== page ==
• Americas Best Value Inn and Suites -Yucca Valley: A budget-friendly hotel close to Yucca Valley dining.  Read the TripAdvisor Reviews or Book Now.

Palm Springs (easy access to the West Entrance)

  • Desert Riviera Hotel: A vintage resort to take you back in old Palm Springs.  This property is adult ONLY. Highest Rated on TripAdvisorBook Now.
  • Andreas Hotel & Spa: A 1930’s Spanish Revival and Craftsman hotel.  Each room fits this theme. Read the TripAdvisor Reviews or Book Now.
  •  Delos Reyes Palm Springs: A budget-friendly hotel with a range of amenities.  Read the TripAdvisor Reviews or Book Now.

What to pack for a day in Joshua Tree National Park?

  • America the Beautiful National Parks Pass: Joshua Tree National Park costs $35 for a 7-day pass.  If you intend to visit more than 3 National Park Services sites in a year, the American the Beautiful Pass will more than pay for itself.
  • Water bottle or bladder: No matter how much or how little you are hiking in Joshua Tree.  You need to be carrying water with you.  For short hikes, a liter water bottle should be perfectly fine.  I prefer the Nalgene bottle because they are lightweight.  If you would like to keep your water cooler, the Joshua Tree Hydro-Flask would be perfect.  For longer hikes, I recommend a 3-liter hydration reservoir.
  • Water Storage: There is no water in Joshua Tree National Park once you leave the visitor center.  You should plan on carrying a gallon of water per person per day.  Personally, I keep a 5.3-gallon folding water cube in my car for extra water.  I keep it so I have extra water plus enough to help someone out if I come across someone in serious trouble.  Be sure to cover the water cube with a towel or shirt when leaving it in the car.  Sunlight reflecting thru the container has the ability to start fires.
  • Snacks: There are no services in the park.  So pick up all your snacks before you go.  Pack a couple of different options so you are prepared for any craving.
    • Fruit:  Pick hard fruits such as apples or pears.  These hold-up in the heat and in packs without getting squished to mush. Another option is freeze-dried fruit. Freeze-dried strawberries are the BOMB.  They are crunchy, sweet and the best part is they are lightweight and yummy.  These are my new favorite trail snack.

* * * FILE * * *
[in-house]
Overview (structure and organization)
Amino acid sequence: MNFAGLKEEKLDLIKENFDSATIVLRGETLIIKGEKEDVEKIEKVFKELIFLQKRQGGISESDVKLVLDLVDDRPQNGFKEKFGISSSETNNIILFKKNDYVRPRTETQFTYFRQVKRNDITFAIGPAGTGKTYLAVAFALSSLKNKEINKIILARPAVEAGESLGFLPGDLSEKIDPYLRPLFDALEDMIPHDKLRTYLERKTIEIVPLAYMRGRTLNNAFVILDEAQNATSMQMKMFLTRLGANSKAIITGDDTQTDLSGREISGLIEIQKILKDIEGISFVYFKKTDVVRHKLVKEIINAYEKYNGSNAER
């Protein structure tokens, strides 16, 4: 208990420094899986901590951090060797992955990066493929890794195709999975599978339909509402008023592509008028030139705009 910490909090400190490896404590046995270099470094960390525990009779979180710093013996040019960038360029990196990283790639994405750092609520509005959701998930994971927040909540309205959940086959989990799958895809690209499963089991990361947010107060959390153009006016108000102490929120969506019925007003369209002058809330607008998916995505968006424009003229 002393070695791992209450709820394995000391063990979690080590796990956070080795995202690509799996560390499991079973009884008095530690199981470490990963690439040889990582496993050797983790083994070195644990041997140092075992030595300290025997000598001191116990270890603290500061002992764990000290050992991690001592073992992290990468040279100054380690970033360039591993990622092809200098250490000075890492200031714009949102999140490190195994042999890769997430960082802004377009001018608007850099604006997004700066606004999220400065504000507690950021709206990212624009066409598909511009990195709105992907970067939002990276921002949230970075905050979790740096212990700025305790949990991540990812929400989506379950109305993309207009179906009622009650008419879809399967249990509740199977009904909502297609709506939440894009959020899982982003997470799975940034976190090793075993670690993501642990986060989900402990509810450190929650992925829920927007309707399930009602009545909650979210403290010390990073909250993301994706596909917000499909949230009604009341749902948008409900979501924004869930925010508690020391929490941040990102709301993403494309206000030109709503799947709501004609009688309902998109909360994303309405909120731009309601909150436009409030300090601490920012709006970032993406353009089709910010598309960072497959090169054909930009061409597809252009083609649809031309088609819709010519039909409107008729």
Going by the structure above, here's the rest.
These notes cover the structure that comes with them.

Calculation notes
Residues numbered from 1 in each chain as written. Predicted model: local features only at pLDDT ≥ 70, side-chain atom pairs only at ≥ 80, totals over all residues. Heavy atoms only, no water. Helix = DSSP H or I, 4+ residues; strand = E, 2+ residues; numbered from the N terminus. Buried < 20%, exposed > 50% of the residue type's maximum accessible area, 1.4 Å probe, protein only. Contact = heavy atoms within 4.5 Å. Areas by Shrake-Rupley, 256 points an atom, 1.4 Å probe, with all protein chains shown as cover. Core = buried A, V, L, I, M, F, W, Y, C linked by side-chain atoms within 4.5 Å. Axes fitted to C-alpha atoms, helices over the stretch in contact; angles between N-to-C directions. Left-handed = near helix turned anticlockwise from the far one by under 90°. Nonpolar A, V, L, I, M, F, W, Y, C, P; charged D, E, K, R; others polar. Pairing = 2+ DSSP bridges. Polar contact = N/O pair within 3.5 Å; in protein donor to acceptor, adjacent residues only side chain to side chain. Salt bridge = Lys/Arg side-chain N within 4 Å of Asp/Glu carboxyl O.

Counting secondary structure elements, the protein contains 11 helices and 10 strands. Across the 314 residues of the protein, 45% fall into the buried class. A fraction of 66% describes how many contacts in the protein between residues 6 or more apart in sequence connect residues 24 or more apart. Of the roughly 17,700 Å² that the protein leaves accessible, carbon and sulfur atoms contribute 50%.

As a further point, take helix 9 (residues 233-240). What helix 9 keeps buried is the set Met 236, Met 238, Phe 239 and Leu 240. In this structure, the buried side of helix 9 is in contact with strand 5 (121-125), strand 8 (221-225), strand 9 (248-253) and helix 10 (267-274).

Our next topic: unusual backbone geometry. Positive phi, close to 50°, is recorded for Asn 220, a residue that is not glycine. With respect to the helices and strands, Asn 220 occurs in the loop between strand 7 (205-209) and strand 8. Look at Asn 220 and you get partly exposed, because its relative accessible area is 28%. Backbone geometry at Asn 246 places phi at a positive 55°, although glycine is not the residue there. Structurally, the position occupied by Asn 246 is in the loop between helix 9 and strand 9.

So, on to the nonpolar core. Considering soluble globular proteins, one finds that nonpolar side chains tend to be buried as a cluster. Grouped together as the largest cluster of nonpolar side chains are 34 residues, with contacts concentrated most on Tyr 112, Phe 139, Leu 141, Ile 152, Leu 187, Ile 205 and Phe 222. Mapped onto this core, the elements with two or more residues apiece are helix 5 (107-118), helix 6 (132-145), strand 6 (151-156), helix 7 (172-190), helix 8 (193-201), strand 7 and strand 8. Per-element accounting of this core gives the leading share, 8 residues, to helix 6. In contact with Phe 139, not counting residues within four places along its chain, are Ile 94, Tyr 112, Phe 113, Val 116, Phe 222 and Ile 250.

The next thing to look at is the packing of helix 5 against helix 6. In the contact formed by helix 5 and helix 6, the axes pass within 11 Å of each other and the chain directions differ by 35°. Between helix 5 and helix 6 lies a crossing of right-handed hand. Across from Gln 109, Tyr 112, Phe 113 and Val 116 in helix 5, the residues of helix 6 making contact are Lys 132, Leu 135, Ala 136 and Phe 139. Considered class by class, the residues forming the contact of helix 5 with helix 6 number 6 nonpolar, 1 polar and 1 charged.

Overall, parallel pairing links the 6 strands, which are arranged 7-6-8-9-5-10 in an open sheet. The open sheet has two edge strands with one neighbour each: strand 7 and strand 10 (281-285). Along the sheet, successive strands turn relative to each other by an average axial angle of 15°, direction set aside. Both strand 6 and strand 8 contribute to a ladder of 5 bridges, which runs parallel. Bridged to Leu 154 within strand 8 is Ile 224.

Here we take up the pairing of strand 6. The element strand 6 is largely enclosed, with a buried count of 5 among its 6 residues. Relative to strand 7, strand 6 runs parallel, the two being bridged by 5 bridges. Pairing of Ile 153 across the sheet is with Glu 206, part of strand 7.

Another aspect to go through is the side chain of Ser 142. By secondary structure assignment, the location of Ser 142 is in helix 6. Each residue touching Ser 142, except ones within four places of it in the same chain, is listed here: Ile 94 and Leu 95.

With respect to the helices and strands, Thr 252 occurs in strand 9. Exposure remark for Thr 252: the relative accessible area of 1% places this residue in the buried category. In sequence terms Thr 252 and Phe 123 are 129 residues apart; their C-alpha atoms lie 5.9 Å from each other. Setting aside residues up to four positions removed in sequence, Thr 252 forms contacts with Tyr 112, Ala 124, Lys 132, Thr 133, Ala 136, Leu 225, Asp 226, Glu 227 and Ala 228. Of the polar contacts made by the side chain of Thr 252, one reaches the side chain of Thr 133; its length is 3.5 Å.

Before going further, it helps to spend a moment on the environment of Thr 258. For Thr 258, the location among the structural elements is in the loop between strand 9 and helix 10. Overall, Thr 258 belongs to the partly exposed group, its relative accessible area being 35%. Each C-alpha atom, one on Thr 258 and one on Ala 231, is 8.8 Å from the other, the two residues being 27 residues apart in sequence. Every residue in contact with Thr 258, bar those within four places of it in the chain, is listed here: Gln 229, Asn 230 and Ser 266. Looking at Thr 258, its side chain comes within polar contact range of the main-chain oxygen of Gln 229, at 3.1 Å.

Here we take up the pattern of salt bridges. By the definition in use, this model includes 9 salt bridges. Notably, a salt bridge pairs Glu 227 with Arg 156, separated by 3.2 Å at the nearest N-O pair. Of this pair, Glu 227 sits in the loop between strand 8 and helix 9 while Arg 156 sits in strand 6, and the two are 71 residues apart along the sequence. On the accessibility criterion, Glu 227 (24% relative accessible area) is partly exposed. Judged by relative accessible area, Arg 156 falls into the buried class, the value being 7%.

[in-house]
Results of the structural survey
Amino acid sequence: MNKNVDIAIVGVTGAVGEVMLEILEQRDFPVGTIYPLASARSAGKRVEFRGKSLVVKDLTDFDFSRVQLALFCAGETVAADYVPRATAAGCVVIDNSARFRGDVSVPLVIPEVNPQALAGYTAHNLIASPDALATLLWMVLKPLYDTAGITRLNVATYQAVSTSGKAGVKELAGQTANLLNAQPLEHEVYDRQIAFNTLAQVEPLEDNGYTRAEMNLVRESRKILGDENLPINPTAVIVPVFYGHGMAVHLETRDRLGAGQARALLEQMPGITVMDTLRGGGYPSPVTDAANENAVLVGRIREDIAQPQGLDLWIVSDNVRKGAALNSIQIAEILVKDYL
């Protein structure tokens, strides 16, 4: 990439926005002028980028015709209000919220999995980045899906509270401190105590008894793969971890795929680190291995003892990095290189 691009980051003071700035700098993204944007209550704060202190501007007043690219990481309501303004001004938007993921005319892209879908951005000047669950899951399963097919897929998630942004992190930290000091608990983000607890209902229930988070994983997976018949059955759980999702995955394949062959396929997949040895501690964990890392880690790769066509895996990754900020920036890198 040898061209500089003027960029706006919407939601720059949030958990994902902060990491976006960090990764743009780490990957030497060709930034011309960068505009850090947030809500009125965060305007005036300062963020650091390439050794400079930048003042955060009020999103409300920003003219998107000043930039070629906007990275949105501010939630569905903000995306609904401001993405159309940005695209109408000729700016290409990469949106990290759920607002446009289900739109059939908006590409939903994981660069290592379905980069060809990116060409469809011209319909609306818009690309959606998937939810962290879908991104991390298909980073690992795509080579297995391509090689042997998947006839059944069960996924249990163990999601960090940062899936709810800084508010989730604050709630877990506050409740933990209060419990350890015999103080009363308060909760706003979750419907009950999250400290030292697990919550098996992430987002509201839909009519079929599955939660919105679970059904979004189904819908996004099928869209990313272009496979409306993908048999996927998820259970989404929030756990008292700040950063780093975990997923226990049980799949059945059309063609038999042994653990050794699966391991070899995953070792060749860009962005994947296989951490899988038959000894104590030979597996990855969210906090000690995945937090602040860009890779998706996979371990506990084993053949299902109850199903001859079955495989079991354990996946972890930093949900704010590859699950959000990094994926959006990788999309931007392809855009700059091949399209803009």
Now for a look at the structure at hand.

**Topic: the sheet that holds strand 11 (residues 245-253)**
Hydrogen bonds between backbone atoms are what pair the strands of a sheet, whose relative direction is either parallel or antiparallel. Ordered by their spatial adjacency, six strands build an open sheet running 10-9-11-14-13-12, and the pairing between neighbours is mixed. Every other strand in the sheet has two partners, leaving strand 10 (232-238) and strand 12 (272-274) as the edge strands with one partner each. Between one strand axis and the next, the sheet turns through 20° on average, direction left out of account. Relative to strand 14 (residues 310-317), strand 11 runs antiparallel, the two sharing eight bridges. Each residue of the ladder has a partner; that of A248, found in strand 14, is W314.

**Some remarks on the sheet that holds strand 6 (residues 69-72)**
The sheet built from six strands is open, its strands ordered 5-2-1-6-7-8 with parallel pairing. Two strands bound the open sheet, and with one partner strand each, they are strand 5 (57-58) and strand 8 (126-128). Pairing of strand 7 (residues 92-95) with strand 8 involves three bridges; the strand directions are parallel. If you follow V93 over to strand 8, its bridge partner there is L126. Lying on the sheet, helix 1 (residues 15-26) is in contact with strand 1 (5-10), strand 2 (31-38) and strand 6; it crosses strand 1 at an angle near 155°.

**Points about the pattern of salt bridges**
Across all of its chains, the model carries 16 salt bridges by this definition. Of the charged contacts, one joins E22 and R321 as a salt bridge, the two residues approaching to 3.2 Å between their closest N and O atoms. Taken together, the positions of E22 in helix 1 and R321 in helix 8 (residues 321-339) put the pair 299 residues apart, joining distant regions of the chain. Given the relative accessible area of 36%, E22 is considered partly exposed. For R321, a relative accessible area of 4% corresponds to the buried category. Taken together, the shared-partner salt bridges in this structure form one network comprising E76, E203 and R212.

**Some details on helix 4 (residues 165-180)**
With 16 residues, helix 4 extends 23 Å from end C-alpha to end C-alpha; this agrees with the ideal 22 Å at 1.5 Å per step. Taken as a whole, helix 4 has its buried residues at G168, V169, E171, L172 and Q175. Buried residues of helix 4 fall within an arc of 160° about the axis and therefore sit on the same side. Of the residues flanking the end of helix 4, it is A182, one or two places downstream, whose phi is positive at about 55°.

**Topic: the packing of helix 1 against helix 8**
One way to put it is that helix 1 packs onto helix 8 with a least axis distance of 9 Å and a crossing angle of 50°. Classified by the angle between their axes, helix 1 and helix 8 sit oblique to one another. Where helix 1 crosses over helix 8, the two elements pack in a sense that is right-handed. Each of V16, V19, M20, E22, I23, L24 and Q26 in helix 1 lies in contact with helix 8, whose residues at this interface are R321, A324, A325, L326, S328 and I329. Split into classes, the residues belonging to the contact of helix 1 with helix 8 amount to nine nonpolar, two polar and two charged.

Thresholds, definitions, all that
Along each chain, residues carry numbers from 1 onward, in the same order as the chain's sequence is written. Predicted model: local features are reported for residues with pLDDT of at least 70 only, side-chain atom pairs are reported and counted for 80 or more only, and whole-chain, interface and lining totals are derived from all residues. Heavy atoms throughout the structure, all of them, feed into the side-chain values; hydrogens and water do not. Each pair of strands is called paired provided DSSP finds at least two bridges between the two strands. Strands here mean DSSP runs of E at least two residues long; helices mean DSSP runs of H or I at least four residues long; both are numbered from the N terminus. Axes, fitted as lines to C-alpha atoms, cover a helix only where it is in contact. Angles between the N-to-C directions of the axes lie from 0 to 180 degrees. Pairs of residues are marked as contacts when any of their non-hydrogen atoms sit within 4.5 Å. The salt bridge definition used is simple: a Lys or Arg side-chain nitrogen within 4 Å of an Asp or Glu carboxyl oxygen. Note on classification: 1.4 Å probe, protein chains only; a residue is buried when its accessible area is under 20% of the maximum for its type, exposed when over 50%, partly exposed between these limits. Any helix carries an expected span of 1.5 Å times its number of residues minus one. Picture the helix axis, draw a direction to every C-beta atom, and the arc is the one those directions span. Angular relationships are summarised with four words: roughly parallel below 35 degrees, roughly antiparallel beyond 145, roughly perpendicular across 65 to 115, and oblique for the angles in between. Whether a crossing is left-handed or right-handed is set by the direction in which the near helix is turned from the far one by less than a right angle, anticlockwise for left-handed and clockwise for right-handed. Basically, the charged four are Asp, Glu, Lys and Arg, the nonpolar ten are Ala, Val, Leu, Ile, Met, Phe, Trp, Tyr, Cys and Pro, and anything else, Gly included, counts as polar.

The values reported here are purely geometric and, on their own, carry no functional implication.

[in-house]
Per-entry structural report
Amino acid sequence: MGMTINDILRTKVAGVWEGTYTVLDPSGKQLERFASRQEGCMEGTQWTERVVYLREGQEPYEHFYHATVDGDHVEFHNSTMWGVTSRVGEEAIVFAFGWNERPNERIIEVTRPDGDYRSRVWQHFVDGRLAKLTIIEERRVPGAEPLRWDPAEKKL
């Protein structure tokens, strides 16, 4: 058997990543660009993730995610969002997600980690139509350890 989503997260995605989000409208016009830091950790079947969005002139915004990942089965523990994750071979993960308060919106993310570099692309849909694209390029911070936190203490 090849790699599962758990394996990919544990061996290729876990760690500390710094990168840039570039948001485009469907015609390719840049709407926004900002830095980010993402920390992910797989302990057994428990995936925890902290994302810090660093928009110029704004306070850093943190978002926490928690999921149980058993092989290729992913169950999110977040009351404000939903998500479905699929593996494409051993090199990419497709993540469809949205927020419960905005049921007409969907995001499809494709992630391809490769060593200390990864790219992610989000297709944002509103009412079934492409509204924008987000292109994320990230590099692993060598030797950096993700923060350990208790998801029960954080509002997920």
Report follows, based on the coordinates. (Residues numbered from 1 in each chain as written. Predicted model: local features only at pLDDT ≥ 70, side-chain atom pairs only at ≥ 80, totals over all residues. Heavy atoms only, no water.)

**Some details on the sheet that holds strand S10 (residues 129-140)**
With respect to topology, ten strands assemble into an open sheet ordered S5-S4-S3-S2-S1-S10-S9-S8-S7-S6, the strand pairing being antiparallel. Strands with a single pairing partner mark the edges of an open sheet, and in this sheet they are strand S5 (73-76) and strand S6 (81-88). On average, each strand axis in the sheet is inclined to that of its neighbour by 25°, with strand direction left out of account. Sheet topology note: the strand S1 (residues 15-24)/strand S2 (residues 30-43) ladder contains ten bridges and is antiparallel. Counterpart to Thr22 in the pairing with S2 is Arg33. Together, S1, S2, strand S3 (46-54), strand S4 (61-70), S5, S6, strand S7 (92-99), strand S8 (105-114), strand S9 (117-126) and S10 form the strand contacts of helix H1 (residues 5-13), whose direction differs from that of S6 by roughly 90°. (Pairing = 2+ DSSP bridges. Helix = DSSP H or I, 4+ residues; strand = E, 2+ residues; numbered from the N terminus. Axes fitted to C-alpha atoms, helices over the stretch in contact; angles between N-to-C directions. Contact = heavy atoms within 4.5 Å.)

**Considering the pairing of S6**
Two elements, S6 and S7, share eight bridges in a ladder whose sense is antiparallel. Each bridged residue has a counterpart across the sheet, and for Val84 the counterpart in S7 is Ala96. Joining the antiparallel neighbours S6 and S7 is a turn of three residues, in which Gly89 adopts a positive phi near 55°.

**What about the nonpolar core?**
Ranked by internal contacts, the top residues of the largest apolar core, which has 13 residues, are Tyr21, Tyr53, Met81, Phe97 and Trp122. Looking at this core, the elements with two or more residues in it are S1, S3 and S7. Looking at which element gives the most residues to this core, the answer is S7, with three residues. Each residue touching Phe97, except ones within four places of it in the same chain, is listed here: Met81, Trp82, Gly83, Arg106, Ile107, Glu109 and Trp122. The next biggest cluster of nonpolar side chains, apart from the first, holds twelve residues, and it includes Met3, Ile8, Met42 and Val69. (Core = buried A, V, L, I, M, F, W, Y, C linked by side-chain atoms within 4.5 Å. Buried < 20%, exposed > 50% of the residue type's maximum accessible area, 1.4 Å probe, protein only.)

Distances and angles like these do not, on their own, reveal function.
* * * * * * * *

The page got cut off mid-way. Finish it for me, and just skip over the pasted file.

• Vegetables: Cucumbers and carrots hold up well during hiking and in a hot car.
    • Granola Bars:  Take your favorite non-coated in chocolate granola bars.  Anything coated in chocolate will melt and be a sticky mess.  My favorite is a selection of Cliff Bars. They are great even when squished.
  • Cooler: If you want to keep anything in your car remotely cool, bring a heavy-duty cooler with you.   Put a bit of ice and a snack and a drink in the cooler and it will at least be not burning hot when you get back from your hike.
  • Sunscreen: Joshua Tree is a desert.  The famed Joshua Trees are tall and skinny, but they don’t provide a lot of shade.  You need to take extra care to protect your skin from the brutal desert sun.  Be sure to bring plenty of sunscreen.
  • Sunglasses: Similar to sunscreen, you need a good pair of polarized sunglasses to protect your eyes from the glare of the sun.
  • Hat: A good sun hat can double you sun protection on your face and neck.  I would recommend a wide brim safari style hat.  For added protection, I would go with sun hat with a cape.
  • First Aid Kit: As with any outdoor adventure, accidents happen.  It is better to be prepared and have a compact first-aid kit ready to help with any accidents.
  • Tweezers: Joshua Tree is a desert with that comes a range of cacti.  I’m sure you don’t intend to touch the cacti, occasional a cacti will jump up and embed their cactus spines in your skin.  Having a pair of sharp tweezers will help get those pesky spines out.  The Cholla Cactus might look cuddly but they aren’t.
  • Flashlight: A flashlight is always nice to keep on hand for spontaneous sunrise or sunset hikes.  I keep one in my day pack just in case I get distracted and stay out longer and later than planned.  Here is a great all-weather flashlight.
  • Day Pack: A good day pack can carry all your snacks, water, and other gear while exploring Joshua Tree National Park.  I have had great use out of the REI brand day packs.
  • Sturdy Hiking Shoes: Hiking in Joshua Tree requires sturdy CLOSED toe shoes.  Cactus have spines and those spines LOVE embedding themselves into feet.  A sturdy pair of hiking boots work wonders at preventing spines in feet.
  • Joshua Tree T-Shirt: Get your National Park Obsessed Joshua Tree T-Shirt to celebrate your trip to Joshua Tree.
Joshua Tree National Park Print
California National Park Shirt
Joshua Tree National Park Icon Mug

10 Things to do in Joshua Tree National Park

Start your day off right at The Natural Sisters Café

Right outside of the West Entrance into the park, The Natural Sisters Café is the perfect spot for your morning fuel. The interior is snug and inviting, offering a nutritious, all-organic fare of fresh smoothies and wraps. Although vegetarian options draw in crowds, menu items such as their black bean burger, killer bee smoothie, and vegan carrot cake are suitable for anyone who’s hungry!

Climb around the Wonderland of Rocks

From beginner and advanced climbing to bouldering, high lining, and slacklining, Joshua Tree  National Park is the perfect place for adrenaline junkies of all skill levels. Climbers come from around the world to climb in Joshua Tree. Hundreds of climbers can be found in the park each weekend between October and May.